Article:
3, 2, 1...and we're off, I literally skipped my way to the start line and fell right into the rhythm of my stride. Again, lots of crazies weaving in and out, but I wasn't phased. Enjoyed looking around and even yelled out to a college fraternity brother, Jeff Klinck, whose band, Midnight Fire, always plays for the race in the first half mile!
Miles 1, 2, and 3 were picture perfect for me! 10:59, 10:48, 10:46 - This is the exact pace that I planned to run all day - and I'm feeling in perfect control to do so.
Miles 4 and 5 were also right in line at 10:50 and 10:54, but VERY shortly into the 6th mile, I felt a little rumbly in my tummy! It was sudden and painful. Also early in that mile the winds picked up and I actually felt cold; very cold. It didn't take long for me to assess that I was dehydrated. I had skipped a water station at mile 2 and I likely did not have enough water between races as I was likely continuing to perspire while I was waiting to start the second race.
At this point, I had no choice but to walk. It was WAY to early to be doing this. I assumed my worst case scenario for walking was mile 10, and I had not even gotten to the track yet. Maybe if I could just walk for a minute it would pass?
We're about to enter the track and I spot my friend, Scott Smalstig standing with his son along the road (Scott's wife Tara was running today but I never saw her) - Seeing Scott gave me a burst of energy, so I jumped into a run and headed straight toward him! Double high 5s up top and some words of encouragement was just what I needed! I jogged into the tunnel that goes under the track and into the speedway, but as I hit the base of the hill and began to climb out of the tunnel to the infield, my body felt like it literally ran out of gas. I had NOTHING! I was moving at a snails pace to get to mile 6 and watched my watch click off a 12:51 pace.
Normally this would motivate me to get moving, but that was not the case today. The winds continued to pick up, my body began to shiver, and then....raindrops! C'mon Man! Seriously? I can walk pretty fast, and did all I could to keep moving forward at a quick pace. I started making up games - silly games - like...I'll let 50 runners pass me before I start jogging until I pass 10 walkers and repeat. Or...I'll walk 2 minutes before I run 1 minute and repeat. And even, I'll walk 5 fence posts before I run 15 fence posts and repeat. At the end of the day, the only thing I held on to was keeping every mile UNDER 14 min/mile pace.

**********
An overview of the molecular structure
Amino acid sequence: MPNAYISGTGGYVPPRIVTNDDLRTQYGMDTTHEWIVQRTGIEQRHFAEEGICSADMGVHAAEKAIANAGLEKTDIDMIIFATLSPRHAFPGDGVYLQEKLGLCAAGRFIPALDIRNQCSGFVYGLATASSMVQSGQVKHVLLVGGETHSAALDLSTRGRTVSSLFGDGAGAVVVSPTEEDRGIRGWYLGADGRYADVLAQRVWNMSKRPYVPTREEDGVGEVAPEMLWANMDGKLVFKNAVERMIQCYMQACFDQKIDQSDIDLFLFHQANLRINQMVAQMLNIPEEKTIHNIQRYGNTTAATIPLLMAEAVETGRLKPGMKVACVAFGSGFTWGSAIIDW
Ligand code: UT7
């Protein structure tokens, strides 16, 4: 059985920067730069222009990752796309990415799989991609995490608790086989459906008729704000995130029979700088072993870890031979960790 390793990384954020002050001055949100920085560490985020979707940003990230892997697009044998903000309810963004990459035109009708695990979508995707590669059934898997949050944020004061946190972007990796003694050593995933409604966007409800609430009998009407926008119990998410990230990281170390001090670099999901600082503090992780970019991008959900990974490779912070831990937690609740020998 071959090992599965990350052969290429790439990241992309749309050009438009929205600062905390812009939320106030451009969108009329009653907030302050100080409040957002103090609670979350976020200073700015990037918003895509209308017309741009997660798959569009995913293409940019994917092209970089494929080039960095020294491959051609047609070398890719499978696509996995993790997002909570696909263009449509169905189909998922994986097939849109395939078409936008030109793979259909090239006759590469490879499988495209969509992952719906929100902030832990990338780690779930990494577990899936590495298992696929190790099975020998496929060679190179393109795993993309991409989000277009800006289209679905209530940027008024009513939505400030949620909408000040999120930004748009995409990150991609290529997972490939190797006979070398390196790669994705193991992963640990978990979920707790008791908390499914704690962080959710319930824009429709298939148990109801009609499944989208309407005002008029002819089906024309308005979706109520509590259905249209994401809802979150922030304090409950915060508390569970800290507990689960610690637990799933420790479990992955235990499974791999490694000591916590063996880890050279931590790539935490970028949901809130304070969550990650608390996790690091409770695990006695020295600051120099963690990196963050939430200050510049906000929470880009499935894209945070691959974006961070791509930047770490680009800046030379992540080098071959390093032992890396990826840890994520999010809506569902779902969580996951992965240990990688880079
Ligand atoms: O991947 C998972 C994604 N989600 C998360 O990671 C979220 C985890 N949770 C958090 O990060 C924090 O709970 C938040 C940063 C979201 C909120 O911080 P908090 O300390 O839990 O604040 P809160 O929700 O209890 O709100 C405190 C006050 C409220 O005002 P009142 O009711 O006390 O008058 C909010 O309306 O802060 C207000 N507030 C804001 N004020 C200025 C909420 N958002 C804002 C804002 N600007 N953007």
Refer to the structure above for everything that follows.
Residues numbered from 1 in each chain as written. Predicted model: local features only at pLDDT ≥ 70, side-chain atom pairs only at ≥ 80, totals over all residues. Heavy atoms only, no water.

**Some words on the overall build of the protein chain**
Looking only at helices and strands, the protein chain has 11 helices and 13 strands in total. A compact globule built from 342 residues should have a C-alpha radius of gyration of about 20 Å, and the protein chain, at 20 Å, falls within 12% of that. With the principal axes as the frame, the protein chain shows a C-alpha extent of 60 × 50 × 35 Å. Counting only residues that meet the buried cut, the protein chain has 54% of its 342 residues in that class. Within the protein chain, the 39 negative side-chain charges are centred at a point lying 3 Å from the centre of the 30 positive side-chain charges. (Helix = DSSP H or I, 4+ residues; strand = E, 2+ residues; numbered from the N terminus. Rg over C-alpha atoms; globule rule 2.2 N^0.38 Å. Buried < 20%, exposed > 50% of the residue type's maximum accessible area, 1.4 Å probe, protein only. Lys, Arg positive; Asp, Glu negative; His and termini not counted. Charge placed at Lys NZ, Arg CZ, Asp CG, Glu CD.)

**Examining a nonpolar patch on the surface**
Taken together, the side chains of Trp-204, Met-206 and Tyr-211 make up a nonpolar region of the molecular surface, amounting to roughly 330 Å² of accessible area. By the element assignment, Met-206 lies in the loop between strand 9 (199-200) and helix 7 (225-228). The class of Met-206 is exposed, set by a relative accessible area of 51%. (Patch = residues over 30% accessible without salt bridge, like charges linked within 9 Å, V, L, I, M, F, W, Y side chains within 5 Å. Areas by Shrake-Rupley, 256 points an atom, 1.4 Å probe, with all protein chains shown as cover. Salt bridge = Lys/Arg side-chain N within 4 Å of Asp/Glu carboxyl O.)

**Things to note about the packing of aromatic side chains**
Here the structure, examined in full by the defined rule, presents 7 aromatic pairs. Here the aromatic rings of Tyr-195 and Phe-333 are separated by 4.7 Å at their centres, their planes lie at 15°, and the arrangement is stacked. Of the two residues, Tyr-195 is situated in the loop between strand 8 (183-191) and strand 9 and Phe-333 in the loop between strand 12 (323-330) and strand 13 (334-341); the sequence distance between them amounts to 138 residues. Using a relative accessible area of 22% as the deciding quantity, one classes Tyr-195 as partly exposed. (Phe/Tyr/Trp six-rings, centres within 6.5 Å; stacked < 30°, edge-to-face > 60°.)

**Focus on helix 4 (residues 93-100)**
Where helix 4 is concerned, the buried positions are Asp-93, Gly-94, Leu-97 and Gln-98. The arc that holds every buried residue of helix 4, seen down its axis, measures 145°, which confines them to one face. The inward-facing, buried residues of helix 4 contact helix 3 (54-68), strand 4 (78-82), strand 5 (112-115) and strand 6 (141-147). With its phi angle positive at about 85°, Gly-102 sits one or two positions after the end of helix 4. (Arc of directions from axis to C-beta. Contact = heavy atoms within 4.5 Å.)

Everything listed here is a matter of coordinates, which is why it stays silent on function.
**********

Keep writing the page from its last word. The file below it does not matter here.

Mile 7, 8 and 9 can be deemed a "success" based on this mission - 13:42, 13:47, 13:55. I really didn't feel much better and to make matters worse, I could feel the calf muscles cramping each time I tried to push off into a running stride. To add insult to injury, I could also feel some burning/chaffing under my arms rubbing on my tank - likely because of the rain and the change in my stride and arm swing while walking.
Miles 10, 11 and 12 were an absolute gut check. Survival mode. I literally would watch my pace drift into the 14s before I would run it down to the high 13s and as I neared the mile markers would pick it up to "save" the mile - check out these paces - 13:57, 13:58, 13:59! You can't make this stuff up! It is sad to say, but it was ALL I HAD to do this. My body HURT! And why not, I'm well over 15 miles total for the day at this point!